Today, many Oakland youth are about “hustlin’” and “gettin’ money.” Continue Reading
When Zachary Cataldo’s daycare provider picked him up after school on Monday at Piedmont Avenue Elementary in North Oakland, she found him lying on the ground; an older kid had apparently slammed the 7-year-old into a tree, and he was too dizzy to stand up, according to Zachary’s aunt, Janine Cataldo.
Zachary was admitted to the intensive care unit of Children’s Hospital-Oakland with a fractured skull and was released last night, Cataldo said.
It wasn’t the first time the boy said he was attacked at school. Cataldo said her nephew’s front teeth were knocked out last year, when he was in kindergarten, and that he has been a regular target for bullies.
“It’s not just bullying, it’s violent bullying,” Cataldo told me over the phone today. Continue Reading
This headline caught my attention today when I got home from school and glanced at the front page of the San Francisco Chronicle. It interested me because this decision will have a big impact on myself and others my age; and the headline picture consisted of students protesting at the state Capitol.
The picture reminded me of a previous heated debate over a blog entry about students protesting at the Olympic torch relay.
These possible budget cuts would raise the already high college tuition and also require colleges to cut down on spending, which sounds like bad news to me. As a junior in high school, college is constantly talked about, encouraged, and expected of me. I have no doubt that I will be able to get into a good college, but paying for it is another thing. Continue Reading
There must something about the last two weeks in April that makes people want to get together and sympose. As I get ready to leave for the annual Education Writers Association meeting in Chicago, three local conferences have come to my attention:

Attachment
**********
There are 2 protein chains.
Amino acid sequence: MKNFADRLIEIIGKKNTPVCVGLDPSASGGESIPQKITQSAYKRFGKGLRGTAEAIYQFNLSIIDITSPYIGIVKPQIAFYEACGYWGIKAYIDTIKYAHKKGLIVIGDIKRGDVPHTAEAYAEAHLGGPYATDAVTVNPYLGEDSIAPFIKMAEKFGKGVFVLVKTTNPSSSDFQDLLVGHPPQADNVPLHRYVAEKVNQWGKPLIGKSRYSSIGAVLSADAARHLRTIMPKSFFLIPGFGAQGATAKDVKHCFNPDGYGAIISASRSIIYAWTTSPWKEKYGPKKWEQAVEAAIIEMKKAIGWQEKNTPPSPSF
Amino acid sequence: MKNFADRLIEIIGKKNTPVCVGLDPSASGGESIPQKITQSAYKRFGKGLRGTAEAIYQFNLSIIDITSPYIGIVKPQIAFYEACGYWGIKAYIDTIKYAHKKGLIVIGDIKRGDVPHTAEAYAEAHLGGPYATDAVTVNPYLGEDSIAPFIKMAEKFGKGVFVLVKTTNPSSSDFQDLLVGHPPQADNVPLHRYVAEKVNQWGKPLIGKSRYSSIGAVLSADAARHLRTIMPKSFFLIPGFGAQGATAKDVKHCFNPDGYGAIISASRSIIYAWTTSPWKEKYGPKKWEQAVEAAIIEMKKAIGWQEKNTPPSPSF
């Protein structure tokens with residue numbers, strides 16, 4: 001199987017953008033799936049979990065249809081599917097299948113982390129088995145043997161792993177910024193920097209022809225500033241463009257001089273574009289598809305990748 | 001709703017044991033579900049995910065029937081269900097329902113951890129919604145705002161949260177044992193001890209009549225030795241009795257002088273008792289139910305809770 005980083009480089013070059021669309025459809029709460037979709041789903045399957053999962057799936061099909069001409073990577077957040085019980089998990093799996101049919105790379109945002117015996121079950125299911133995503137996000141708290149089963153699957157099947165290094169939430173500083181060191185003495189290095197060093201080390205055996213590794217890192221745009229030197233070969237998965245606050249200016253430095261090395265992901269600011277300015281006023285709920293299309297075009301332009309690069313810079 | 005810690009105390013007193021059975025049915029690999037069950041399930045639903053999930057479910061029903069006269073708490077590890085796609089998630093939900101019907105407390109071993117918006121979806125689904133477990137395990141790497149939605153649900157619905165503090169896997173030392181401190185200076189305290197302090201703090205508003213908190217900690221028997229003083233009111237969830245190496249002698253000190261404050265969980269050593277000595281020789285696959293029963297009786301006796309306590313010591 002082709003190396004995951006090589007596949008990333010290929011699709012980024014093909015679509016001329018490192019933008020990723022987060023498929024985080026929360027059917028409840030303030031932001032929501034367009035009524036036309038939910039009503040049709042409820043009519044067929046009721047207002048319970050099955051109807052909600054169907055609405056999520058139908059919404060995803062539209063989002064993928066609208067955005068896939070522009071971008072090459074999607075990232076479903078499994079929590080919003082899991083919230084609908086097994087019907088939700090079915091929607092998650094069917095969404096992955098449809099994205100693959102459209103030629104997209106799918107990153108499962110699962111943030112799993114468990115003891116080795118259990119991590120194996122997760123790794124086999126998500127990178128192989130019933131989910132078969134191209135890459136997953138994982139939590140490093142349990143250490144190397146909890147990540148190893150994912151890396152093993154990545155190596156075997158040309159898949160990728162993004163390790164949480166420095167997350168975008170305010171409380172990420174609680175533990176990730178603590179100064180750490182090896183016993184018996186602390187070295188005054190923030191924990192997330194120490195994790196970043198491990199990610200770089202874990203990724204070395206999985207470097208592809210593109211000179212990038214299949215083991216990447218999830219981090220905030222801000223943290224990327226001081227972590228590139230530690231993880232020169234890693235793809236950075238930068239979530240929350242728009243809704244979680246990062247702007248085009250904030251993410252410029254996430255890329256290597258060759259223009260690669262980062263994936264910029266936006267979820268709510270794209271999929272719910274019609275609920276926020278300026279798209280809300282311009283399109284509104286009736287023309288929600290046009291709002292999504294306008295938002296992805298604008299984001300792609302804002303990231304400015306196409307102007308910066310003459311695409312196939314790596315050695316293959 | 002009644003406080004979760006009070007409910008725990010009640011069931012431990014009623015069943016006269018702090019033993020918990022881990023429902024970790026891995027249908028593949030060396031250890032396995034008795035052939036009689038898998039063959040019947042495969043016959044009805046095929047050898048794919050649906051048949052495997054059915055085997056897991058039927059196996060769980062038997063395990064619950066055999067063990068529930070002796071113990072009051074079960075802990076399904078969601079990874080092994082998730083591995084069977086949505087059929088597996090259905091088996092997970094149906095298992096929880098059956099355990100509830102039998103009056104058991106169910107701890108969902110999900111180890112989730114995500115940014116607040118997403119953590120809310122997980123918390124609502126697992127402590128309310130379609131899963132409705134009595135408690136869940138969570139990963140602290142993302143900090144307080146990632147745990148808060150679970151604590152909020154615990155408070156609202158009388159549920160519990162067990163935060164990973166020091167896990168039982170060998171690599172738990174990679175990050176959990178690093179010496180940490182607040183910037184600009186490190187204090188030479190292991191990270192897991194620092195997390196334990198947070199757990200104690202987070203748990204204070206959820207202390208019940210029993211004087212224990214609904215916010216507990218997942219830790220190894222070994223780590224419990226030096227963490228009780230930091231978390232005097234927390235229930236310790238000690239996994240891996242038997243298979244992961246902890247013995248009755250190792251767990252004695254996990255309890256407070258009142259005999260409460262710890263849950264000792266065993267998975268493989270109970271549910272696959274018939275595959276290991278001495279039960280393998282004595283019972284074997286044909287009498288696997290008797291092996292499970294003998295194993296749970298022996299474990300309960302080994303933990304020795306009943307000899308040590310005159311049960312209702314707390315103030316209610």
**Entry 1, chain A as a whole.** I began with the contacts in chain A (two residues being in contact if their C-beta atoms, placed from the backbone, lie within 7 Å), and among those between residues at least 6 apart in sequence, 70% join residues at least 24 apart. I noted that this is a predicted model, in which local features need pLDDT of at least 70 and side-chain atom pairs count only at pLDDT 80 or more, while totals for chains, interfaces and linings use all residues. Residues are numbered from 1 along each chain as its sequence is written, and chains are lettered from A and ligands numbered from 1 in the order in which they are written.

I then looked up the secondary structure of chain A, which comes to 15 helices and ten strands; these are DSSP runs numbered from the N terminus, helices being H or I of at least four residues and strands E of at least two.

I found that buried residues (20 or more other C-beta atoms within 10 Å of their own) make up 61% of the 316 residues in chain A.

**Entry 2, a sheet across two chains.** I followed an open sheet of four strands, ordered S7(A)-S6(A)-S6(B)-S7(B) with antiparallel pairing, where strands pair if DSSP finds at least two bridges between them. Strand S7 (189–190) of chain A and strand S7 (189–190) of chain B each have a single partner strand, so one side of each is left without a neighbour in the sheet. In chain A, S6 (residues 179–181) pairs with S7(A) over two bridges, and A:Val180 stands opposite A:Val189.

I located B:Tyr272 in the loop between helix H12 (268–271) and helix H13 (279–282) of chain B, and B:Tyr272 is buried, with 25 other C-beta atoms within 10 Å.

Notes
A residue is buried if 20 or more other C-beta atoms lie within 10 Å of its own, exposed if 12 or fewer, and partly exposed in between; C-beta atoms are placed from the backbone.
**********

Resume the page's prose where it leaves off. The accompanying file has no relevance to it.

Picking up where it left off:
- On Friday and Saturday the Bay Area Coalition for Equitable Schools, a major player in Oakland’s small schools movement, is co-sponsoring a conference with Stanford University’s School Redesign Network and EXCEL High School. On Friday, groups tour Think College Now, ASCEND, EXCEL, and Leadership High School. Saturday, starting at 9 a.m., researchers, teachers, and community groups talk shop at a school whose future we were just debating: McClymonds, at 2607 Myrtle St. (Registration is required and costs $$$. Some spaces were available as of this afternoon. Here is a link to the conference info). Continue Reading
I stopped by a West Oakland Education Task Force meeting tonight, and one of the issues discussed was the future of two small high schools — EXCEL and BEST — at McClymonds.
McClymonds High School, like many other middle and high schools in Oakland’s flatlands, was swept up in the small schools movement. The difference between Mack and the other once-comprehensive high schools is that it was pretty small to begin with.
In 2006-07, the combined enrollment of BEST and EXCEL was just 532, and it might be lower now.
This spring, two major developments happened: Continue Reading
When I visited the kitchen at Lafayette Elementary School last week, I expected to see children at work. I’ve seen children as young as 8 years old chop vegetables in cooking programs (usually, with butter knives), so it’s not as if I were shocked to see kids cooking.
But the scene at the Lafayette kitchen made an impression from the moment I stepped in the door. The hustle and bustle, the professionalism, the poise under pressure. (I was also addressed as “ma’am” when I daftly stood between the door and a boy lugging a large container of food.) Continue Reading